“I Want to Write a Book”: Five First Steps For Aspiring Writers

When folks contact me because they want to write a book, especially someone who hasn’t been writing, I’m often pessimistic. I want to be able to encourage them, but I know this:  An agent or publisher needs to see that a communicator is reaching an audience. So what’s a first-time writer to do?

1. WRITE

Write an article. Online magazines usually have writer’s guidelines available at their sites. (Also google-able)

Pitch articles to magazines that are already reaching the audience who will read your book. If you don’t know what publications those are, ask among your friends on social media: “Moms, what blogs do you read?” “Business people, what magazines do you read?”

Your pitch to an editor—explaining what you want to write, how it will serve his/her audience, and why you’re the best person to write it—needs a hook. No editor will respond well to a pitch from you offering to write on “parenting,” but if they might be interested if your hook is, “What I Learned About Parenting During My Time in Prison.” Give your pitch a strong hook.

Having a number of articles that appear in print or online communicates to an agent or publisher that you’re reaching audiences.

2. SPEAK

Drum up speaking gigs. Ask folks you know to help you find venues where you can share the message you’re passionate about. Start by speaking for free to build your resume.

Speaking builds your audience and helps you hone your message.

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3. BUILD

Build a website. Do not pass go, do not collect $200.  Before you pitch one article or seek one speaking gig, build a simple site to let others know who you are and what you’re about. Include experience and endorsements to give editors, agents, organizers, and publishers confidence that you have something to say and that others want to hear it.

A website legitimizes your credibility as a communicator.

4. GROW

Grow your audience. Beyond building your website, be intentional about your online presence. If blogging feels manageable—and it might not!—consider blogging regularly. Guest post on other writers’ blogs. Post quotes or memes on social mediate that relate to your message. Don’t always be self-promoting, though: share relevant content, from other worthwhile sources, with your followers.

Providing valuable content builds your audience.

5. LEARN

Attend a writer’s conference. Even if you’ve never considered it, the chance to grow in your craft and network with other writers and folks in the publishing industry will serve you well.

 

Bottom line: If you’re not willing to start building with one or more of these building blocks, it’s unlikely that an agent or publisher will consider the book you’re holding in your heart.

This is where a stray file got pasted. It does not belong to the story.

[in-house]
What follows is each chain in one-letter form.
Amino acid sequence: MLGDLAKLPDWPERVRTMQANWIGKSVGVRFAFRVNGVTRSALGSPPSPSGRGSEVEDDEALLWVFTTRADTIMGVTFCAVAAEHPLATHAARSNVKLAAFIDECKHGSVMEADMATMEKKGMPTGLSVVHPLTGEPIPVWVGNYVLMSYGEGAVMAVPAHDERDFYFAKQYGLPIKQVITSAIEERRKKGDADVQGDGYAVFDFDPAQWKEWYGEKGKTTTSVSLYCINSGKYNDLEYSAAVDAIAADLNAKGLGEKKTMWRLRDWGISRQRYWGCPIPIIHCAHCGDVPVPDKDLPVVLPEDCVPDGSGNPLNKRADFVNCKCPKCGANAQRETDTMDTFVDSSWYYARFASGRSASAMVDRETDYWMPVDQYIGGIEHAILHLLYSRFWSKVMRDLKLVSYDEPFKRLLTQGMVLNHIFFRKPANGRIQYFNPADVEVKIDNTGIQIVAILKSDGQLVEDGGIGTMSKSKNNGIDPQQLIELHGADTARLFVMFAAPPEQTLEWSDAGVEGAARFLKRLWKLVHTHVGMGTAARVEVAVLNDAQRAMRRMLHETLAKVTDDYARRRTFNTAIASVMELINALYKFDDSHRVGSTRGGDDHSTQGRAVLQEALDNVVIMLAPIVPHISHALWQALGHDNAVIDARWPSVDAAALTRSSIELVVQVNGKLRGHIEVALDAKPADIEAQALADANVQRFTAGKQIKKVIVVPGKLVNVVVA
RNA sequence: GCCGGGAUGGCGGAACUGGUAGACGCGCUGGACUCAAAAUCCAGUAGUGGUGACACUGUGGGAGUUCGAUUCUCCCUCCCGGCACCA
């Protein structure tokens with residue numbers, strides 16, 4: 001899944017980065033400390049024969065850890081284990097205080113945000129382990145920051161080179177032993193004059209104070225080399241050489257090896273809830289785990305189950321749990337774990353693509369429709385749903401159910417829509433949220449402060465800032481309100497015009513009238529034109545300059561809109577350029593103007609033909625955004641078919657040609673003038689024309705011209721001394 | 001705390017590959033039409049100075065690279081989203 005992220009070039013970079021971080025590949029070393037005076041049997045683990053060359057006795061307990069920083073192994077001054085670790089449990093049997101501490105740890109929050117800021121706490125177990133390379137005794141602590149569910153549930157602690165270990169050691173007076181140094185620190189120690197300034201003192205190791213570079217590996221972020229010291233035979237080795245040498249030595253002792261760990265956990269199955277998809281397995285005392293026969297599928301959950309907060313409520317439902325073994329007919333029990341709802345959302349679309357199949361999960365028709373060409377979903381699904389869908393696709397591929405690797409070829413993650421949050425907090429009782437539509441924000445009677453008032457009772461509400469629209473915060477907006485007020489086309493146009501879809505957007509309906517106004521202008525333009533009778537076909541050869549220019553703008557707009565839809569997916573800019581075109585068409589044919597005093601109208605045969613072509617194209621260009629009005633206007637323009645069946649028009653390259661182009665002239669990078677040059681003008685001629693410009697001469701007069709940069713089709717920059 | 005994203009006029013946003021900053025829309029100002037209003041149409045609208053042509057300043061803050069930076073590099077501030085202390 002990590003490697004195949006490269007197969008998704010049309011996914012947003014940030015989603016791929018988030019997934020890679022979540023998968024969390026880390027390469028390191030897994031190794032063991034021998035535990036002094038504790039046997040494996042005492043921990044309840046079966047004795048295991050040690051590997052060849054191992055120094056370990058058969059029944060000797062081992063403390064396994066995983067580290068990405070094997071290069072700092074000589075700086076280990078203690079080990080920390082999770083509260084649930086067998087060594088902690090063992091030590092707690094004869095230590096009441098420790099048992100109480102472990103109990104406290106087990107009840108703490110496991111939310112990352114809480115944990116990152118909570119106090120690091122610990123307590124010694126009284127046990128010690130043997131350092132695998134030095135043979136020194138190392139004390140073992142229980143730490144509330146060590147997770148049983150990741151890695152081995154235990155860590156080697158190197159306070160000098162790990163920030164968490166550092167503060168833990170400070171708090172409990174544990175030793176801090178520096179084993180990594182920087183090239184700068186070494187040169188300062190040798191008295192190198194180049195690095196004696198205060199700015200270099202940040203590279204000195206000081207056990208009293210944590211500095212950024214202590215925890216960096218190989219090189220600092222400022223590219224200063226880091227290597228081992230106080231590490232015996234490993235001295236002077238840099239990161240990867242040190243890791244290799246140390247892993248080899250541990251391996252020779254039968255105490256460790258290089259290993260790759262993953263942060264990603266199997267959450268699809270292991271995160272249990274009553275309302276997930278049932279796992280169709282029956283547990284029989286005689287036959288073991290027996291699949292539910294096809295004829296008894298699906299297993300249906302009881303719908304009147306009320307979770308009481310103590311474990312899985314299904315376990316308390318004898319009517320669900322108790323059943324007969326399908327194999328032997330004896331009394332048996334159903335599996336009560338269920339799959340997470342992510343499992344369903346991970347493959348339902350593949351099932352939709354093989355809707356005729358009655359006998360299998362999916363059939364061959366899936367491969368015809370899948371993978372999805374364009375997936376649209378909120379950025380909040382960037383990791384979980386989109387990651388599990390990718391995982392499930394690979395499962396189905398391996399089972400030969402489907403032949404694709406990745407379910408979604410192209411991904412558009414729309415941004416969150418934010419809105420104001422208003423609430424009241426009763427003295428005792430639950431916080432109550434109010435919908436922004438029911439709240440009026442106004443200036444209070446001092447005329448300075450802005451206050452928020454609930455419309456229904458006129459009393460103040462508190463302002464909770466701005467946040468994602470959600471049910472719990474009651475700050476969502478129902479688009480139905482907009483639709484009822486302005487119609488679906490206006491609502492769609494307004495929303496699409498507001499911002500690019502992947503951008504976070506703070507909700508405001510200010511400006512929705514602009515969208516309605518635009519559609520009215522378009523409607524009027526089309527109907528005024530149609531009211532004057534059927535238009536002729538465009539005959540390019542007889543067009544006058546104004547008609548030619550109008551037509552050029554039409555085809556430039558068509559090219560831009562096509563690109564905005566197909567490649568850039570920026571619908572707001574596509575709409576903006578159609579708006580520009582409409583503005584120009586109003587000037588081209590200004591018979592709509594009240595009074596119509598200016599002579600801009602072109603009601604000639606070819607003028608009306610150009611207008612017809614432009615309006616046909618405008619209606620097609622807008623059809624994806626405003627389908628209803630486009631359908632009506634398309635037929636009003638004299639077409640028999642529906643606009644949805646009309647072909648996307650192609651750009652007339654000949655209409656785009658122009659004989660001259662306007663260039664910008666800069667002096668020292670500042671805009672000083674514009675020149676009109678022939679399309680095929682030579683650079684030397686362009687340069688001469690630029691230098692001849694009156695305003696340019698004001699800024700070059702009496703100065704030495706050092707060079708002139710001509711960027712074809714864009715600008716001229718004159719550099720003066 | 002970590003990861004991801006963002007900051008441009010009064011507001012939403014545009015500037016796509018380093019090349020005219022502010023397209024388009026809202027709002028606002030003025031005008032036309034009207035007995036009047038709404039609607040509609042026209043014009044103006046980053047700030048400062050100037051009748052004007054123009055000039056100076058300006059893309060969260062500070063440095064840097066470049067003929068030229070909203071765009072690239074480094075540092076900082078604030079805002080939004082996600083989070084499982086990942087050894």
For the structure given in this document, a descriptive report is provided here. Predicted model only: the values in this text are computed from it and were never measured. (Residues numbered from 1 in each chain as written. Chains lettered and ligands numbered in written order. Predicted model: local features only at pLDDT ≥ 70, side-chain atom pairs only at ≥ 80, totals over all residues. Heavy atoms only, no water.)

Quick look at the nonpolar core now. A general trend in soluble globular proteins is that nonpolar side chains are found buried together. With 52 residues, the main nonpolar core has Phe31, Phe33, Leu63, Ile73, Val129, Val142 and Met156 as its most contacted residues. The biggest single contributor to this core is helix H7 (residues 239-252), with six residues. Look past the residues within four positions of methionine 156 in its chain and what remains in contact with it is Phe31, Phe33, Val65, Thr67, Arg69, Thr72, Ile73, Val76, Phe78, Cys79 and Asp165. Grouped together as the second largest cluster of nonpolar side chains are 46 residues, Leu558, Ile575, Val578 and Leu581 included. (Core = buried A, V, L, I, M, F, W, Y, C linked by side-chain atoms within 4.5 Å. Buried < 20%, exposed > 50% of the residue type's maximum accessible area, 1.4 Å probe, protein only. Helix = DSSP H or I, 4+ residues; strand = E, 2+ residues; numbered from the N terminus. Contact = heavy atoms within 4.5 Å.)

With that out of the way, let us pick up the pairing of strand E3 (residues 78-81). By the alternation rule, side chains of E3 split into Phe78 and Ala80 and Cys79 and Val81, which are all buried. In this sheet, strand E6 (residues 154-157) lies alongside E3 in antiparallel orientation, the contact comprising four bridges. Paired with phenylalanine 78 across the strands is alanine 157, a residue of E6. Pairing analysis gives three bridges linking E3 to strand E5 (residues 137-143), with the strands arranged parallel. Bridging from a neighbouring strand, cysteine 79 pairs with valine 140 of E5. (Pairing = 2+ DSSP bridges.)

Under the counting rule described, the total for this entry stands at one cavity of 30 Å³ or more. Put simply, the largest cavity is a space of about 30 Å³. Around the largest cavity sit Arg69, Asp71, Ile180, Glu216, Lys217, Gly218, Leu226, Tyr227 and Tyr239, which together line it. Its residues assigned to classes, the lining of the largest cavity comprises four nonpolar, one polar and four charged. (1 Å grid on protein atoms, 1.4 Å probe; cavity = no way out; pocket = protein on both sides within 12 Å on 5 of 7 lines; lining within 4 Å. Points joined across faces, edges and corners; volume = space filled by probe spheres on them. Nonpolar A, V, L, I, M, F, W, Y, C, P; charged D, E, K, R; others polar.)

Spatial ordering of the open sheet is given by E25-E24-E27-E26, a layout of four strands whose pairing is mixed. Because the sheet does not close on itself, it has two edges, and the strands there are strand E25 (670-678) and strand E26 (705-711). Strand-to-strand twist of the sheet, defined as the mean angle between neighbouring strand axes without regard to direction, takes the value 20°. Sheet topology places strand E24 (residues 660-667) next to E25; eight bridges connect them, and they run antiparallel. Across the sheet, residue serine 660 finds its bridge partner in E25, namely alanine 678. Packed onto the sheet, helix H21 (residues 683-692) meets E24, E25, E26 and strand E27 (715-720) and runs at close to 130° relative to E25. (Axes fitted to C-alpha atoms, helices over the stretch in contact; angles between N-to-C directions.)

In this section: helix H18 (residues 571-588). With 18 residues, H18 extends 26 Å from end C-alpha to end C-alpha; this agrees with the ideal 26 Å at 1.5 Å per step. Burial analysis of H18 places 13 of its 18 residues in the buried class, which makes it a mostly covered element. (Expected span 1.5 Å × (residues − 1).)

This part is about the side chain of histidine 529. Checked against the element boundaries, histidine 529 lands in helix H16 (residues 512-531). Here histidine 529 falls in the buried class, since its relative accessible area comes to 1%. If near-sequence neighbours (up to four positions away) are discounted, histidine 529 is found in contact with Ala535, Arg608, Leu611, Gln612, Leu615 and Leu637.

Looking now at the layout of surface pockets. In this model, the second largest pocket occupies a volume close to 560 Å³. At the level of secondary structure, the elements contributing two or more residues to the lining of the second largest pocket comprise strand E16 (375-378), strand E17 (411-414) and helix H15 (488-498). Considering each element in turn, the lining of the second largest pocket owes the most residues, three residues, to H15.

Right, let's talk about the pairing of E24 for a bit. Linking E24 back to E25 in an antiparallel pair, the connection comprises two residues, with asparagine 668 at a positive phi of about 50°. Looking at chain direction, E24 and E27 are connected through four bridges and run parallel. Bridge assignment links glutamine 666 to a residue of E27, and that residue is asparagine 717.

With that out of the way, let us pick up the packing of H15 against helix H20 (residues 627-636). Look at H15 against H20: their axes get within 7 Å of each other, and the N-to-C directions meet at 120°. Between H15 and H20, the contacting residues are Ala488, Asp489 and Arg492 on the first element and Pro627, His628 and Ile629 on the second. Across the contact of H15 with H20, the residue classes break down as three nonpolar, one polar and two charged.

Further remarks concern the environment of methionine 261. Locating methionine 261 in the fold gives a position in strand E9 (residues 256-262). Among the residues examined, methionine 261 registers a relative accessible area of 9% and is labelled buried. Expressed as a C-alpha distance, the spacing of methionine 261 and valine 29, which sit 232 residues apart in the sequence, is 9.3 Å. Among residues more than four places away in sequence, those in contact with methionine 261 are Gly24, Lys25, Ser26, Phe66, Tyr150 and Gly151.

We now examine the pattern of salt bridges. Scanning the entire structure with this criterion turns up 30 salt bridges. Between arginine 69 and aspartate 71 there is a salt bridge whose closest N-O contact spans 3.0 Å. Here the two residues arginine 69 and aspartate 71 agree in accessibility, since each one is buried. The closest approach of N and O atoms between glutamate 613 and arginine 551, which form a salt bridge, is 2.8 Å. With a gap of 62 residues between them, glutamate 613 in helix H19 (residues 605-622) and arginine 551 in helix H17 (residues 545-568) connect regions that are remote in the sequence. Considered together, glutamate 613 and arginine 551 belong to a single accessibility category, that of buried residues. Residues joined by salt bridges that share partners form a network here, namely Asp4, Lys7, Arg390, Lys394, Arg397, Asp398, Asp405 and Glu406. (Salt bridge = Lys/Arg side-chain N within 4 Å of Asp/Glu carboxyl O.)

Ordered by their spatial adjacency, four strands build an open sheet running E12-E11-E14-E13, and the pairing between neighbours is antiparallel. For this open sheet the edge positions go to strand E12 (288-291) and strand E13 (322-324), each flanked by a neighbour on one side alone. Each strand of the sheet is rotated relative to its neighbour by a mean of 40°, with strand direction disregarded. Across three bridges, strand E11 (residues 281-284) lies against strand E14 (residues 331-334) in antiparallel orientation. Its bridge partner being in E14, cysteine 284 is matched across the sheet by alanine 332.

The exception, of course, is if you are: the President of the United States, the MVP of the NBA, or someone whose face has graced the cover of People magazine. If you are any of these, disregard this post. The rest of us, though, need to be hustling to build an audience.

Your future agent or publisher will thank you.

Reflect: Which one of these 5 made you balk? How willing/unwilling are you to move forward on any of these? What can you learn from your response?

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Crafting a Writing Goal

Book Proposal Image

Words aspiring writers want to hear.

“Send me a proposal on your idea.”

When it happened for me, at a writers conference, I first went off to a private place and cried happy tears. Then reality set in.

I hadn’t written a thing. I only had an abstract idea, a desire to write, and a nudge from God. The publisher didn’t offer any guidance on how to format a book proposal; he simply told me to send one.

When I got home, I got to work. The situation called for a marriage between prayer and practical actions. Shortly after I said, “Amen,” inspiration hit.

I wrote my goal on a piece of lined notebook paper. “I Will Read 100 Books on the Craft and Business of Writing.”

I practiced while I studied. It took me almost two years to accomplish the task, but when I finished the one hundredth book, I was able to look back and see the transformation in my work. Only then did I gather enough courage to submit a few queries for articles. And though there were rejections, there was also success.

Article Queries

After focusing on the craft of writing, I invested in the business of writing. If I wanted to author books, I needed help. I networked with other professionals and listened to their advice. I attended more conferences. I hired an editor to critque my work. And I continued reading beyond my first 100 books.

Michael Hyatt

How to Write a Winning Book Proposal

I wanted to create a stellar proposal. After gleaning the best information, I practiced on my first topic numerous times. By the time I ran across Michael Hyatt’s e-books on Writing a Winning Book Proposal for fiction and non-fiction, I was ready to finalize my project.

It took another year before I harvested any fruit from my labors, but harvest I did. WordServe Literary signed me based on that original topic. The hard work of crafting a writing goal and meeting it helped my agent sell my first book, scheduled for release in 2013.

I’ve now lost count of the number of writing books I’ve read. But there are a few I refer back to time and again:

10. On Writing Well — William Zinsser

9. Story — Robert McKee

8. The Art of War for Writers — James Scott Bell

7. Bird by Bird — Anne Lamott

6. Stein on Writing — Sol Stein

5. Writing Down the Bones — Natalie Goldberg

4. Self-Editing for Fiction Writers — Renni Browne & Dave King

3. Finding Your Voice — Les Edgerton

2. Writing for Story — Jon Franklin

1. Screenplay — Syd Field

I’m a lifetime learner. Without the help of many willing to share what they learned through their books, I probably wouldn’t be writing today.

What are your goals, and what are you doing to meet them?